At the finish, it was a simple confession by Roberto Duran that he couldn't lick this man.

He uttered it with his abrupt decision to abandon the battle while it still raged, with 16 seconds left in Round 8. He walked away from it, literally, and headed toward his own corner and refuge with his handlers. He had to know he was being set up for worse by Sugar Ray Leonard, and with a last gesture toward him, a wave of a now-heavy glove, he was saying, "This is useless." He was suddenly giving Sugar Ray his title back, would no longer contest him.

Duran's resignation was a startling act. All his life, Duran has been the ferocious one, the brawling winner of 72 of his 73 fights. Momentarily, Leonard was left agape, but not so catatonic as to refrain from getting in a couple of more licks at the retreating Duran, in case this was some kind of a trick. It was no trick. Duran wanted no more of Leonard.

The astonishing manner of the finish was the only aspect of the second meeting between Duran and Leonard that could be called unpredictable. We could foretell the result in New Orleans, my colleague, Dave Kindred, and I, who were ringside seatmates at Montreal in June when we saw Leonard euchered out of a rightful decision, with one judge daring to call 10 of the 15 rounds even and another changing his scorecard to give Duran the edge.

In passing months, the myth grew that Duran was by far the superior fighter. But there was a certainty that the next time he met Leonard it would be oh, so different. Leonard had not only dominated the last seven rounds in Montreal but he had learned much about Duran, a single-track fighter. Next time Sugar Ray would avoid the bulling to the ropes, would return to his stick-and-dance, dance-and-stick, while waiting for the spot to unload one of those fastest hands in boxing.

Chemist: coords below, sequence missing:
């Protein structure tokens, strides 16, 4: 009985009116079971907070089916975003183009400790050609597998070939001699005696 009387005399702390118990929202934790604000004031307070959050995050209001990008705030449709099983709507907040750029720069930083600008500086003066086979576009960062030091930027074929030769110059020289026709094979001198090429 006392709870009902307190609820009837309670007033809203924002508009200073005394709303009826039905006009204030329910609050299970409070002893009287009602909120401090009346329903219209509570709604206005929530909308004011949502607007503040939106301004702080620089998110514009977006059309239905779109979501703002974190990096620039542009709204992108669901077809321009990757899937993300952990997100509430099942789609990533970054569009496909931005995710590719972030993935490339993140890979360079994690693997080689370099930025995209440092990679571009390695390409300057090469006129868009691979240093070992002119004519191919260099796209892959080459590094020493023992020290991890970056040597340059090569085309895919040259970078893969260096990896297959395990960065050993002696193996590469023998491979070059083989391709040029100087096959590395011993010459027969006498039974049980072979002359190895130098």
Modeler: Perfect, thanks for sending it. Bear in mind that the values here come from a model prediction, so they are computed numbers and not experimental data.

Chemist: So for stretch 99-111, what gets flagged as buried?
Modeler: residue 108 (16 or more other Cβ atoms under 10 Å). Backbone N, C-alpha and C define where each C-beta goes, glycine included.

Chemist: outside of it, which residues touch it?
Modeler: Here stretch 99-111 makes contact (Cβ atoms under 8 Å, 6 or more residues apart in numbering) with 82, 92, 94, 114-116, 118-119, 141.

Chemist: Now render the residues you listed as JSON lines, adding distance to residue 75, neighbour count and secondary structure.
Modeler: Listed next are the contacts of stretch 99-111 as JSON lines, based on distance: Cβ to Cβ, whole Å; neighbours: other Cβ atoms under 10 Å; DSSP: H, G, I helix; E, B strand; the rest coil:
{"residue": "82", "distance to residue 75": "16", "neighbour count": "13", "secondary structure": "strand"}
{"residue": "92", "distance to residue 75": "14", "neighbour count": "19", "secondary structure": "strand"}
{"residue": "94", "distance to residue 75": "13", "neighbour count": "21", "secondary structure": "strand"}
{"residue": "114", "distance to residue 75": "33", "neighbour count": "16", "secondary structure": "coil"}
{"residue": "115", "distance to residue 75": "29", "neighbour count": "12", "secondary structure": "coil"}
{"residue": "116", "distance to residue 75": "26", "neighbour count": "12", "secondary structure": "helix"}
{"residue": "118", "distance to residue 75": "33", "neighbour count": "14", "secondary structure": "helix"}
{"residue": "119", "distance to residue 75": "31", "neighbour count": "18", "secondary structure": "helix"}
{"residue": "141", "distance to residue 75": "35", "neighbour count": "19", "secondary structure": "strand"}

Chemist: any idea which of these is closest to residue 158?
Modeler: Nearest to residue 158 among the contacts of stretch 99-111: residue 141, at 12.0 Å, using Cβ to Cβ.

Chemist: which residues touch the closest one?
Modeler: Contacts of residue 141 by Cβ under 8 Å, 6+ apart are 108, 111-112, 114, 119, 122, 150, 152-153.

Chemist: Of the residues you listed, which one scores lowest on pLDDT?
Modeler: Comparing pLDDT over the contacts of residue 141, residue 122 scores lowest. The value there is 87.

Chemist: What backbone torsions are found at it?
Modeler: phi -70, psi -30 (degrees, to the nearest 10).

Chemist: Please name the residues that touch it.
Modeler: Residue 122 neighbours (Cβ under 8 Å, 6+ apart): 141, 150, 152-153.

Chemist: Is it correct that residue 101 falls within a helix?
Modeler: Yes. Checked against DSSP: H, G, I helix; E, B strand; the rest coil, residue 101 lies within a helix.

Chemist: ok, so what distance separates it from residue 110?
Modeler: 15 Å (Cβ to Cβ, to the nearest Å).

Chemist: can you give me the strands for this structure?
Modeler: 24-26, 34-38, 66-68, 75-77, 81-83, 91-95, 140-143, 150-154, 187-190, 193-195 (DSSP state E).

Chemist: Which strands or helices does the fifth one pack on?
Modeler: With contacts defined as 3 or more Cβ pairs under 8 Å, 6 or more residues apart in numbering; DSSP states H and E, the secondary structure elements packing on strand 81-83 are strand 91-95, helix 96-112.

During the intervening months, Duran could well have profited from a Spanish translation from the French of one of Napoleon Bonaparte's most cogent admonitions: "You must not fight too often with one enemy or you will teach him your art of war."

Nothing could have been more topical Tuesday night in the Superdome. Duran was a pigeon for Sugar Ray the second time around.

Duran was a loser in New Orleans from the opening bell, unlike his fast start against Leonard in Montreal, where he staggered Sugar Ray good in the second round, had him hanging on in the third and was far ahead at the end of seven. In New Orleans, he couldn't find Leonard, who was sticking him and rocking him and winning six of the eight rounds they fought.

There were also signs of a clever coup by Leonard in New Orleans before a blow was struck. A psychological blow was struck by Sugar Ray when, with both fighters in the ring and awaiting the opening bell, Ray Charles appeared to sing "America the Beautiful." No greater stimulant for Sugar Ray could be imagined than the presence of this longtime idol at ringside, belting it out. It is a fallacy that Leonard was named after the great Sugar Ray Robinson. His parents were Ray Charles fans. Leonard is his namesake.

How the Duran camp let Leonard get away with this ploy is a mystery.

Duran's claim of cramps -- in his stomach, someone said; in his shoulder, said somebody else -- may or may not be true. Devastating to those claims are his handlers' admission they were taken by complete surprise when Duran quit. They didn't speak of any detailed consultations with Duran before he decided he wanted out. Something about a shoulder after the fifth round, but there appeared to be little wrong with Duran in the eighth except for the same futility he encountered against Sugar Ray beginning with the first round.

Leonard found the bullish Duran completely manageable this time, and was boss of the fight after their tentative first round when each was searching out what gives. The second round was all Sugar Ray's. From there on, he defused Duran's savagery, made the bull submissive.

When Leonard poured it on in the seventh with his clowning act, he was avenging himself for all the abuse he had heard from Duran for nearly a year. His shimmy while daring to carry his hands low and jut his chin at a baffled Duran was showboating. Sugar Ray does that sometimes to hype the show, a direct and admitted steal from Muhammad Ali. But toward the fighter who many times had bad-mouthed Sugar Ray repeatedly, saying, "I will kill him," and, "I will knock him out," it was a decent show of contempt.